Honey + Greek Yogurt: A Beneficial & Delicious Duo

Honey Yogurt Figs Granola

If we asked you to name a snack that provides protein, calcium and probiotics while remaining relatively low in sugar, what comes to mind first? If you thought of Greek yogurt, then we are cruising on the same brainwave (welcome!). You have probably guessed by now the topic of this blog post, so join us as we take a peek at the benefits of Greek yogurt, its role in the popular Mediterranean diet, why honey and Greek yogurt play so well together, and – of course – some of our favorite honey + Greek yogurt recipes!

There is no denying that Greek yogurt has grown in popularity over the years – in fact, according to Statista.com, Greek yogurt accounts for more than half of the U.S. yogurt market1. So, what makes Greek yogurt so different from the yogurt of your youth? Well, this version is also referred to as “strained yogurt” due to the process of straining out the liquid whey from the fermented milk. Not to get too technical, but within this whey is the naturally occurring sugar lactose, which is why Greek yogurt is lower in sugar, thicker, and tangier than traditional yogurt2. But more than flavor and texture, the removal of this sugar also boosts Greek yogurt’s protein content to 15 grams per ½-cup serving compared to regular yogurt’s 6 grams. In addition to protein, Greek yogurt also provides probiotics and various other essential vitamins and minerals such as calcium, potassium, and vitamins A and B-123.

But what does all this mean to your body? Well, due to its high protein, calcium and probiotics, Greek yogurt has a slew of potential health benefits, including, but not limited to:

  • Improving bone health
    • Calcium & protein
  • Building muscle mass
    • Protein
  • Reduced appetite and hunger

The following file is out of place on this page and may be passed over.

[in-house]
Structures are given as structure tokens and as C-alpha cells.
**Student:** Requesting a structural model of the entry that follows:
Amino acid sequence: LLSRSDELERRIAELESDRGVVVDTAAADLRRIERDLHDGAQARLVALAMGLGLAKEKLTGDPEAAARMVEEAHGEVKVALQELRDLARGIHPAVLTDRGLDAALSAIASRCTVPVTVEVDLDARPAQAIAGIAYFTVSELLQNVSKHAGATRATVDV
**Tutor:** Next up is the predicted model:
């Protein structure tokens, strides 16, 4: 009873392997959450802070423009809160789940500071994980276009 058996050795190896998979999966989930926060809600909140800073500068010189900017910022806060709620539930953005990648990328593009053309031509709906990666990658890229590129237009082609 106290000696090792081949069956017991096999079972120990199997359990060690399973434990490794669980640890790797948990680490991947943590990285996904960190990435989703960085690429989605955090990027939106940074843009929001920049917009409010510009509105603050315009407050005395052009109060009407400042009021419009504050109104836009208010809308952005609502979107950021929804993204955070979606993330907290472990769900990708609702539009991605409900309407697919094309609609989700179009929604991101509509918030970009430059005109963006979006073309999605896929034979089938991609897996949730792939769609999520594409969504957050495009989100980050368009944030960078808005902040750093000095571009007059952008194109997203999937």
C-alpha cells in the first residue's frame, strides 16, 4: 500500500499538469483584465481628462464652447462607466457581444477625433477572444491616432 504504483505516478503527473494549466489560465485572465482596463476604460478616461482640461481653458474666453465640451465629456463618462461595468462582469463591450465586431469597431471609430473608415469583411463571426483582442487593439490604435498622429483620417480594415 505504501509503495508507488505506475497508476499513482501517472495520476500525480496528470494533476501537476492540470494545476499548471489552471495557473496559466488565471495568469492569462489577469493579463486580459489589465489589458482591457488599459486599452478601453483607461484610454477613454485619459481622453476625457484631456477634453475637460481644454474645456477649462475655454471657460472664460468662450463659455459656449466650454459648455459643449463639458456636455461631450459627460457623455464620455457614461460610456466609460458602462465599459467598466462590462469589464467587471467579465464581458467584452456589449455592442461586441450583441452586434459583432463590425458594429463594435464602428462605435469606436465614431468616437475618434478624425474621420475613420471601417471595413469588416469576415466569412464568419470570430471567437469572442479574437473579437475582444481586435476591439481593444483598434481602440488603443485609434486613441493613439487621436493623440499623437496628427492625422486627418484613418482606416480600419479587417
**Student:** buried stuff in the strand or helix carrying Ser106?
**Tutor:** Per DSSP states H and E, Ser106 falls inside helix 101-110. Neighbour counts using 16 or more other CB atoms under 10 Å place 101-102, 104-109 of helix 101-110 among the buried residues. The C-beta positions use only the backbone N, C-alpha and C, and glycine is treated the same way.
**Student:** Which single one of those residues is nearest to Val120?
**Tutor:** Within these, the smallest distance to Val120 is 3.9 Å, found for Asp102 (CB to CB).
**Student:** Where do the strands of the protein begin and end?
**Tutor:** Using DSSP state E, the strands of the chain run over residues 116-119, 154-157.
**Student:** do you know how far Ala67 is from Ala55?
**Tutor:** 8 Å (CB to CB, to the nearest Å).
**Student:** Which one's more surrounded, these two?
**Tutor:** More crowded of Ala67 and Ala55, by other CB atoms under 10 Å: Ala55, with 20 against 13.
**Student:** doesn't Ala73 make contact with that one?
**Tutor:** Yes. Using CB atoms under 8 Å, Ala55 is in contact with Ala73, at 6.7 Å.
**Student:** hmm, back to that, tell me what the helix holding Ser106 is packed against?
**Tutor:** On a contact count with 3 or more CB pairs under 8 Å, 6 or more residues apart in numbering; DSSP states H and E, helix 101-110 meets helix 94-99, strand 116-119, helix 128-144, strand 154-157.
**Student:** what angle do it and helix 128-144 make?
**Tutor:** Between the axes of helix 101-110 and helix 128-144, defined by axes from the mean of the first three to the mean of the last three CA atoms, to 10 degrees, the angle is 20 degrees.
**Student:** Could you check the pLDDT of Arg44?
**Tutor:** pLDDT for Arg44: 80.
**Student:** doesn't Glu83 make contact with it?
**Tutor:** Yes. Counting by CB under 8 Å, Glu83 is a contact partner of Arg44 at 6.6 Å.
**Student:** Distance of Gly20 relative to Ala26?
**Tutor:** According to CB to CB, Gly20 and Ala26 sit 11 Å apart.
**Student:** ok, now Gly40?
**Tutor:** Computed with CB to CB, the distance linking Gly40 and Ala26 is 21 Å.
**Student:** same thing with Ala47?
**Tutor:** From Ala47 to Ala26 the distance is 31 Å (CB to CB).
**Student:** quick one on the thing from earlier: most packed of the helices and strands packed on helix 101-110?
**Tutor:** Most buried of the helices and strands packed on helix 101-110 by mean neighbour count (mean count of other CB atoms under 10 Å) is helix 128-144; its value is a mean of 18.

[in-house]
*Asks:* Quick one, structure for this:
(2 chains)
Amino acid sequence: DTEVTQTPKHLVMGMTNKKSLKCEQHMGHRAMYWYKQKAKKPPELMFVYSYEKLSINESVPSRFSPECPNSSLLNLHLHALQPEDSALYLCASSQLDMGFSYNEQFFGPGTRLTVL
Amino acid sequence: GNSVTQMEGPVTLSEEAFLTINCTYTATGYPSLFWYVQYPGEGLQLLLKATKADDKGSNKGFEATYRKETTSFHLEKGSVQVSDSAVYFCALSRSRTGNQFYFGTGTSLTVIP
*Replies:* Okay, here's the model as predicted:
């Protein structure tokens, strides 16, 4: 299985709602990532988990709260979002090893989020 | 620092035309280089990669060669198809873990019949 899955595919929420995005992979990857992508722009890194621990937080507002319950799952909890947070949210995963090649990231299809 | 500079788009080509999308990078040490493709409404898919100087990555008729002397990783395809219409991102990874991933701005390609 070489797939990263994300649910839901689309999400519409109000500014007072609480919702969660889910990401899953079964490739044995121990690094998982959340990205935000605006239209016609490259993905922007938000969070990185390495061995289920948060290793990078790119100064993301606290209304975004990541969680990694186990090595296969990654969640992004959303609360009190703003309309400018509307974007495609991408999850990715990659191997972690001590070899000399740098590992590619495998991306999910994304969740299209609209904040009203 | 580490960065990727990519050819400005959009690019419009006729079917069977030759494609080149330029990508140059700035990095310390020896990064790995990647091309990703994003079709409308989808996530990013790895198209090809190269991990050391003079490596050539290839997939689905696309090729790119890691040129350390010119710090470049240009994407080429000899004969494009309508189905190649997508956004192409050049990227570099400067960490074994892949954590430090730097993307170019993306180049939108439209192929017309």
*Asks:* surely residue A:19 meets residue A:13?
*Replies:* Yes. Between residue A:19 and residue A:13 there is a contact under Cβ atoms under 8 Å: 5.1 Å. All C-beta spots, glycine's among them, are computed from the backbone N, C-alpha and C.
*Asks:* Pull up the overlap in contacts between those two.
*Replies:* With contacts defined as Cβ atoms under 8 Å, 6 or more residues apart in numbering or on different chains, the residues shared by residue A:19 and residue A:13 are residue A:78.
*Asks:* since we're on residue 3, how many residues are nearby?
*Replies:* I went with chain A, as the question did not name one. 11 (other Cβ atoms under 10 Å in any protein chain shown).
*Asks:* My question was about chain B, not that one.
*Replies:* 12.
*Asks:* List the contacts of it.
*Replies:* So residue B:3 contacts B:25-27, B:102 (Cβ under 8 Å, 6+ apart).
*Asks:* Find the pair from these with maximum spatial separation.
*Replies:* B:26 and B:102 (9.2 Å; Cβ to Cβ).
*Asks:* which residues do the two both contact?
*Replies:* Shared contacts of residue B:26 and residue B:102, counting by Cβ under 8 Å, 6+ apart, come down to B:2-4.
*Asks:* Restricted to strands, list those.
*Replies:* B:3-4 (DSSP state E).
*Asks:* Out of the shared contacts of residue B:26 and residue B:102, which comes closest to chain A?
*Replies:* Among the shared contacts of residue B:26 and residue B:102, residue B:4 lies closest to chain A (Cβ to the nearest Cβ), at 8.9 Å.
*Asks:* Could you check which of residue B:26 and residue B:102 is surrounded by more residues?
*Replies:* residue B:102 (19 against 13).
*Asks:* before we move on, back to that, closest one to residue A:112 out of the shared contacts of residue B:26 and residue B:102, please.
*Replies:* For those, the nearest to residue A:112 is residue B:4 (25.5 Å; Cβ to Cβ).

• Protein-rich = feel fuller longer
  • Improving gut health
    • Probiotics2

While the name suggests that this worldly treat hails from the lands of the Mediterranean Diet, dairy is typically enjoyed in moderate portions within the popular eating pattern, according to the Mayo Clinic4. That said, it still serves as an additional source of protein that can be enjoyed in all dayparts whether that be in a smoothie, dip, marinade, or soup.

Sounds like Greek yogurt is pretty impressive on its own, right? Well, like so many other ingredients, it only gets better with honey! In fact, the most common prebiotics are nondigestible oligosaccharides and honey contains a variety of these compounds, which may function as prebiotics. Research conducted at Michigan State University has shown that adding honey to fermented dairy products, such as yogurt, can enhance the growth, activity and viability of Bifidobacteria, a group of “good bacteria” thought to be important to maintaining optimal health of the gastrointestinal (GI) tract5.

So how do we work more Greek yogurt into our diets? According to USDA’s MyPlate, most people need 3 cups of calcium-rich dairy foods daily6. But Greek yogurt’s tangy taste doesn’t appeal to everyone. That’s where honey comes in— a little drizzle provides a touch of sweetness that can make it more palatable. Check out the recipes below to see how simple and delicious honey + Greek yogurt can be!

Do YOU have a favorite way to enjoy Greek yogurt? Does it have honey? Tell us about it in the comments below.


1 Topic: U.S. Greek yogurt market. (2022, August 23). Statista. https://www.statista.com/topics/2351/greek-yogurt/#topicOverview

2 Burgess, L. (2023, March 30). Is Greek Yogurt Good for You? https://www.medicalnewstoday.com/articles/323169

3 FoodData Central. (n.d.). https://fdc.nal.usda.gov/fdc-app.html#/food-details/170903/nutrients

4 Mediterranean Diet for Heart Health. (2023, July 15). Mayo Clinic. https://www.mayoclinic.org/healthy-lifestyle/nutrition-and-healthy-eating/in-depth/mediterranean-diet/art-20047801

5 Chick H, Shin HS Ustunol Z. Growth and acid production by lactic acid bacteria and bifidobacteria grown in skim milk containing honey. J Food Sci. 2001; 66(3):478-481.

6 Choose MyPlate. USDA's MyPlate - Home Page, United States Department of Agriculture, www.choosemyplate.gov